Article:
Outdoor Safety & Ethics

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In case of emergency at Midewin

Call 911 for medical emergencies.

Otherwise, contact the U.S. Forest Service at (815) 423-6370 or after hours at (815) 263-4060



The prairie at Midewin is still “under construction.”  You will see heavy equipment on the roads and working on demolition, restoration, or crop fields.  Stay away from this equipment – operators may not be able to hear or see you in time to stop.  Some areas may be posted closed during project work.


Tripping hazards

Even the interim trails are rough, and all trail users should beware holes and brush.  Hikers off the trail should also watch out for discarded barbed wire, rusty metal, chunks of concrete, and other debris.


Nuisance plants

Poison ivy and wild parsnip are found in several areas at Midewin and can cause skin irritation if touched.  Also be careful around thorny trees and brush, such as Osage orange and Hawthorne.


Nuisance Insects

Insect repellant is recommended to protect against mosquitoes and ticks. Staying on trails will reduce exposure to ticks, who like to hang out in tall grass and brush and are especially active in spring and early summer. Several commercial insect repellants work quite well. Follow the product directions for application, especially for how often to reapply. Tying or taping your pant legs tight around your ankles so the ticks can't crawl up inside your pants and tucking in your shirt is also recommended. It won't cut down on the number of ticks you might get, but it will make them easier to spot and remove. Light-colored clothing also makes ticks easier to spot. Be sure and wash all clothing promptly when you get home to kill any ticks that might remain.



Cattle are helping maintain grassland bird habitat by keeping grass at the height preferred by different bird species for nesting and feeding.  Some of the cattle at Midewin are as curious about you as you may be about them.  Others are mothers protecting their calves.  Keep your distance from the cows – they’re hard at work.



Midewin is open for spring turkey hunting and for fall deer hunting.  All firearm hunting permits are issued by Illinois Department of Natural Resources lottery.  All non-hunting visitors to Midewin during firearm seasons must stay on the trails.  Check at the Welcome Center or on the Midewin website for current information.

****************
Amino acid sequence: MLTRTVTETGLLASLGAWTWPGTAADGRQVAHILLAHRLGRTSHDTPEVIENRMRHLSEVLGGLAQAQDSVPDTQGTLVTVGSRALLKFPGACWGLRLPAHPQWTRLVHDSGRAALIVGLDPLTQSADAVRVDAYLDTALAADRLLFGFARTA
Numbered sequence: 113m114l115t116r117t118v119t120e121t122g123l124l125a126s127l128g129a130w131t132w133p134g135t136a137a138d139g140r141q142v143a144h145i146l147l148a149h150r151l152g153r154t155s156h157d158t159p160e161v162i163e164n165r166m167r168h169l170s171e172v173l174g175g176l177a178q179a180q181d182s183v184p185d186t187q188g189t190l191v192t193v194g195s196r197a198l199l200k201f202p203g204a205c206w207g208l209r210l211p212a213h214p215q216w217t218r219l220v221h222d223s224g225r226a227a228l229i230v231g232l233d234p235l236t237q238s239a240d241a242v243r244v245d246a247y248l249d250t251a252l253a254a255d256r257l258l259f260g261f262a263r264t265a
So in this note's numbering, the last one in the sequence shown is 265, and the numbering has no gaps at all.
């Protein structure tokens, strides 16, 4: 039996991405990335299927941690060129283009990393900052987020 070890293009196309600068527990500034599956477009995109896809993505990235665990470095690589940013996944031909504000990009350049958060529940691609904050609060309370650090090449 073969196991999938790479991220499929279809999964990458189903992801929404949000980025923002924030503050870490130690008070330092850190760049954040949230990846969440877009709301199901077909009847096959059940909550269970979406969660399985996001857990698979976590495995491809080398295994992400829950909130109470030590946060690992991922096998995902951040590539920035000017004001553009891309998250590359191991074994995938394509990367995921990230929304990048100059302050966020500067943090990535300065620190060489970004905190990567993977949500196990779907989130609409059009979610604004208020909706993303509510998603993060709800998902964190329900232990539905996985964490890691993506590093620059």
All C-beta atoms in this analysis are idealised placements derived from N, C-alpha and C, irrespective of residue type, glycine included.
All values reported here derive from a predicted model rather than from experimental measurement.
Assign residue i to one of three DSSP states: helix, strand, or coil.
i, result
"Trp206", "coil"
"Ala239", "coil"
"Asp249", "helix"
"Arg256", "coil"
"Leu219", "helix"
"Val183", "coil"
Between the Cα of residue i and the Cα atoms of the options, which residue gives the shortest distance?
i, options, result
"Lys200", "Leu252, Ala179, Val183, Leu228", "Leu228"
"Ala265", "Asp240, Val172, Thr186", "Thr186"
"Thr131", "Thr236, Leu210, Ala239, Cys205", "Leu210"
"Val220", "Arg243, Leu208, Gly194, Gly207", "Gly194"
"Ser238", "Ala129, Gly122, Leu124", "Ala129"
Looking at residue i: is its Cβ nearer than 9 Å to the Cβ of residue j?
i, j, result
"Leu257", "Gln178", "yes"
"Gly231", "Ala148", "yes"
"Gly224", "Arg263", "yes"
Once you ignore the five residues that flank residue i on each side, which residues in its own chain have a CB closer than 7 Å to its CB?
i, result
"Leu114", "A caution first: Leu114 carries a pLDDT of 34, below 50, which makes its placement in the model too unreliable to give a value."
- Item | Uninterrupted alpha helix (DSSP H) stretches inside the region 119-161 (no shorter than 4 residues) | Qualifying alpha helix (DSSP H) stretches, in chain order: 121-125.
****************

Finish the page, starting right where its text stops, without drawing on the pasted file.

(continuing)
Arsenic contamination

Commercial weed-killing sprays used along security fencelines and railbeds in the 1960s contained high concentrations of arsenic, which remain in the soil in some areas.  Arsenic contamination may not be apparent because of growing vegetation.  Do not disturb the soil at Midewin.



Leave No Trace LogoLeave No Trace

Visit the national Leave No Trace Organization here.

  • Take nothing but pictures….leave with only your memories.
  • Courtesy towards others helps everyone enjoy their outdoor experience. Excessive noise, loose pets, and damaged natural surroundings create a negative atmosphere.
  • Trails are an important part of protecting Midewin's resources. Trails are designed to lessen the impact of traveling, no matter by what means. All horses and bicycles must stay on the trails at Midewin. Cross country travel is not forbidden to hikers, but please remember to spread out when traveling. We don’t want any new trails developing on their own.
  • While traveling on trails keep the noise level down. Radio and tape players do not belong in the back country. If you encountering an equestrian group, you should step off the trail on the lower side and let them pass. Keep the noise level down as horses are spooked easily
  • Keep pets under control at all times. No one wants to have someone’s pet running through the area frightening people and wildlife.
  • Wildflowers, picturesque trees, and unusual rock formations all give back country areas the beauty we came to see. Picking flowers, hacking at trees, and chipping away at rock all can detract from the primitive atmosphere. Please leave them for others to enjoy
  • Don't hang ribbons, signs, or blaze trees to mark a path for others to follow. Always discuss the planned route with your group members to avoid leaving an impact.
  • Federal law prohibits disturbing historical and archeological sites.  Please don’t disturb or remove any objects from our past.